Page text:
More than 848,000 jobs at Oregon businesses or state and local governments were held by women in 2015. Women represent 49 percent of employment in Oregon, but the share of jobs held by women varies considerably by industry.
Women’s average earnings were $3,375 per month in 2015, which was 69 percent of the $4,868 average monthly earnings of men. The average woman brings home nearly $1,500 a month less than the average man. Like employment, the earnings of women relative to men vary by industry.
The average monthly paycheck for women is about two-thirds the average monthly paycheck for men, but this fact is not a very useful measure of gender pay inequality. Average monthly earnings figures do not take into account other factors affecting pay, such as total hours worked and hourly wages. Adjusting for the number of hours worked narrows the earnings gap between women and men, but still does not account for other factors that can significantly affect pay.
Women’s Average Earnings by Industry
Average monthly earnings of women were lower than that of men in every industry. The ratio of women’s to men’s earnings ranged from a relatively close 87 percent in accommodation and food services to a disparate 55 percent in finance and insurance. There are many factors behind these disparities in earnings, such as the number of hours worked and the relative wages of occupations with higher concentrations of women, but that information is not available from this data source.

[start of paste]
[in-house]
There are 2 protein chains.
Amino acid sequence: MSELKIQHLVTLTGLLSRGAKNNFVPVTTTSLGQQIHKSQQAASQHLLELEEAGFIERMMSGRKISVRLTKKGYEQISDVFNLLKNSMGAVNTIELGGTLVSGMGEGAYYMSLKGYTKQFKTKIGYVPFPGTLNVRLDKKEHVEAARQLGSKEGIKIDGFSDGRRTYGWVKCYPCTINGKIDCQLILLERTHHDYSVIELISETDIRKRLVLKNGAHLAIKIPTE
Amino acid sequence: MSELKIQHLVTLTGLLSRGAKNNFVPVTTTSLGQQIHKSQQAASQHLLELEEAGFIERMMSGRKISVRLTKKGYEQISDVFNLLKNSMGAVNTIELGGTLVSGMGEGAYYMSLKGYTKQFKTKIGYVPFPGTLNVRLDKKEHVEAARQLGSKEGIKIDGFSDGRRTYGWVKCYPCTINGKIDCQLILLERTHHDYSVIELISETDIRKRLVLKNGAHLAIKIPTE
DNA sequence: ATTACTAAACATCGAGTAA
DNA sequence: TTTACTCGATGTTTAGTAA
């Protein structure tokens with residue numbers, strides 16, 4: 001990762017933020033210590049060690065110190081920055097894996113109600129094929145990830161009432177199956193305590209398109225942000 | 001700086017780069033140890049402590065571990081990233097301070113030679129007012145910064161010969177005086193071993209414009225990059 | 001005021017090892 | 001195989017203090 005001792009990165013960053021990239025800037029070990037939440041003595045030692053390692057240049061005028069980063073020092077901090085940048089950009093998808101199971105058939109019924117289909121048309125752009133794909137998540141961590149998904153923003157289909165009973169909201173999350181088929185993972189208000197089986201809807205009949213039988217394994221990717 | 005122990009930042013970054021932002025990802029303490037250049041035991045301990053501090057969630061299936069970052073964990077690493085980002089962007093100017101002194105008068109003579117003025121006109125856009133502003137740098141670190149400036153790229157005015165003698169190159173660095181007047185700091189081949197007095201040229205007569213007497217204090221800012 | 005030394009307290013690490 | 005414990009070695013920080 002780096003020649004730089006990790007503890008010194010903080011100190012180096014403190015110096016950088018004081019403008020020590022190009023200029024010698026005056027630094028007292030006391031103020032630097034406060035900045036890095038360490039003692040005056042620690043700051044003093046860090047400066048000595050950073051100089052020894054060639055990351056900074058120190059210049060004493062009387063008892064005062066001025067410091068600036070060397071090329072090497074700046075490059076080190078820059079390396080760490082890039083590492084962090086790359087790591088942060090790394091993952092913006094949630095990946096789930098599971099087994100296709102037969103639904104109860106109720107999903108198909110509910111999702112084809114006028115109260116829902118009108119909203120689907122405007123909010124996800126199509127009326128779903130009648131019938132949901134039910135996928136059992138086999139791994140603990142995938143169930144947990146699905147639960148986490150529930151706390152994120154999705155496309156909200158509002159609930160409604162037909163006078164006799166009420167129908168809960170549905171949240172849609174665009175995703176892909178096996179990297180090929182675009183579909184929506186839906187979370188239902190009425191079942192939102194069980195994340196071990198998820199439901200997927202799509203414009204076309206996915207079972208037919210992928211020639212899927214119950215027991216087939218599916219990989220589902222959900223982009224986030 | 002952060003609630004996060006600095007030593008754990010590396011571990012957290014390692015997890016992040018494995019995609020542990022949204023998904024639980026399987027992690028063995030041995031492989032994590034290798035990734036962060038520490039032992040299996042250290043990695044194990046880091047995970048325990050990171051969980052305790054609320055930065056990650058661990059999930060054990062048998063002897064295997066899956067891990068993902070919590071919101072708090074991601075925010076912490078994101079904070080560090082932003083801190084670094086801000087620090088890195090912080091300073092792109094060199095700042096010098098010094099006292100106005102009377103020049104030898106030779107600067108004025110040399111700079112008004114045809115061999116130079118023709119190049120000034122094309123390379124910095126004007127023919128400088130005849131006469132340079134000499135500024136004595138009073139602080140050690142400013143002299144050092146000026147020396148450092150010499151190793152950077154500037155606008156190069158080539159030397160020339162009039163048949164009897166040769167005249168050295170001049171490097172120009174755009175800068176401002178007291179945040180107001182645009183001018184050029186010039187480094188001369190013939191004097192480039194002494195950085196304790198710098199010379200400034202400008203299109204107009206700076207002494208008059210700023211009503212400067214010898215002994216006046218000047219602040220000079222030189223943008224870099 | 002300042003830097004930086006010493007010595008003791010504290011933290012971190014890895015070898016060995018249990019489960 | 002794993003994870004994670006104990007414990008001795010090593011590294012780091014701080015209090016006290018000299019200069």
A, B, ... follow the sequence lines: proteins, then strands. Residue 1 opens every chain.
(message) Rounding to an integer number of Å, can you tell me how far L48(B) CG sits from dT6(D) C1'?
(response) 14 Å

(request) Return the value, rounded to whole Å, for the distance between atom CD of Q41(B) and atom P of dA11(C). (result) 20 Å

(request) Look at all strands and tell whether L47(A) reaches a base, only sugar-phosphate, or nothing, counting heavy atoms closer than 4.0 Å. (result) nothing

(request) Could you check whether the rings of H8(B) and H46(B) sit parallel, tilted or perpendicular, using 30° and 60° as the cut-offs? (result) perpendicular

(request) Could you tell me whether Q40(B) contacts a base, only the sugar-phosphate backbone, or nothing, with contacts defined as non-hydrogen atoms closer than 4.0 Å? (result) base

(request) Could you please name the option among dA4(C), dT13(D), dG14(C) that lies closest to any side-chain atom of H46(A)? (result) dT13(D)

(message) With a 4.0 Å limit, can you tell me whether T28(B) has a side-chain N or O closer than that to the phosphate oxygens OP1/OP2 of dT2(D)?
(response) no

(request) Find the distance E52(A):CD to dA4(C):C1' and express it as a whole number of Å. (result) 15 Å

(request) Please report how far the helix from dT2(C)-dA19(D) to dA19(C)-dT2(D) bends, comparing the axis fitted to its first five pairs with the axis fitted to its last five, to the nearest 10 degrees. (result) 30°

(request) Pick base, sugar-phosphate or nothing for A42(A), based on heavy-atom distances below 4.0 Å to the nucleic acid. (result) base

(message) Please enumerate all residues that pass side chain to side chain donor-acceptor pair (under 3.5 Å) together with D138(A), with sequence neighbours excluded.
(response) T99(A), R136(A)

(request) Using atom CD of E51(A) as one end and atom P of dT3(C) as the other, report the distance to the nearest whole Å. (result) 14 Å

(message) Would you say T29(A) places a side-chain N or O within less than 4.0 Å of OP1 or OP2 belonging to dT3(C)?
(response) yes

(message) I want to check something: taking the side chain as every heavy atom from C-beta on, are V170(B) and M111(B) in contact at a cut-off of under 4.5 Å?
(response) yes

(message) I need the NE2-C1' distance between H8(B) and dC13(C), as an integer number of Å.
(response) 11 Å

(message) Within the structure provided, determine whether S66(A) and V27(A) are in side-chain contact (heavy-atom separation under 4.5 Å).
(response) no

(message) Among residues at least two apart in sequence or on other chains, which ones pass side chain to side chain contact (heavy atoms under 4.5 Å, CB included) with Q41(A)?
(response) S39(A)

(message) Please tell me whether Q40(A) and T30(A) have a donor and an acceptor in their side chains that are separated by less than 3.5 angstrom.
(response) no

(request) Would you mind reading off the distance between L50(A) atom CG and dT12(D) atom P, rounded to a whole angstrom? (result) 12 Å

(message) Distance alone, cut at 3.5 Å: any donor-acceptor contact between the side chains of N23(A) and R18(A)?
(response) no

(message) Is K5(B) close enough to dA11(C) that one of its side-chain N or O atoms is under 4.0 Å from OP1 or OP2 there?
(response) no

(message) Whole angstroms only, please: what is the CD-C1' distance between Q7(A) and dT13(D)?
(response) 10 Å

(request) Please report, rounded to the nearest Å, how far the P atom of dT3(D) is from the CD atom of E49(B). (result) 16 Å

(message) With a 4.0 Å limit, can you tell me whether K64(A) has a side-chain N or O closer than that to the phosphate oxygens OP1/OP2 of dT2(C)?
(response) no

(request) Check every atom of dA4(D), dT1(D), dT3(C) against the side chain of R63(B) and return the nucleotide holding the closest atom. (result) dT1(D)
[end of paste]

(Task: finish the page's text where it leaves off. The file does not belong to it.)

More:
Women working in Oregon’s health care and social assistance sector have an average monthly paycheck of $3,641, which is just 62 percent of the men’s average. Women working in finance and insurance have a higher average paycheck than women in most other industries, but their earnings pale in comparison to what men are bringing in. With earnings just 55 percent of men’s, women in finance and insurance receive an average of $3,900 a month less than what men are making.
The smallest disparity is in accommodation and food services, where women’s earnings average 87 percent that of men’s. The large share of minimum wage earners in this industry likely contributes to this relative earnings equality. That near equity has a cost though, as average paychecks of both women and men were lower in accommodation and food services than in any other major industry.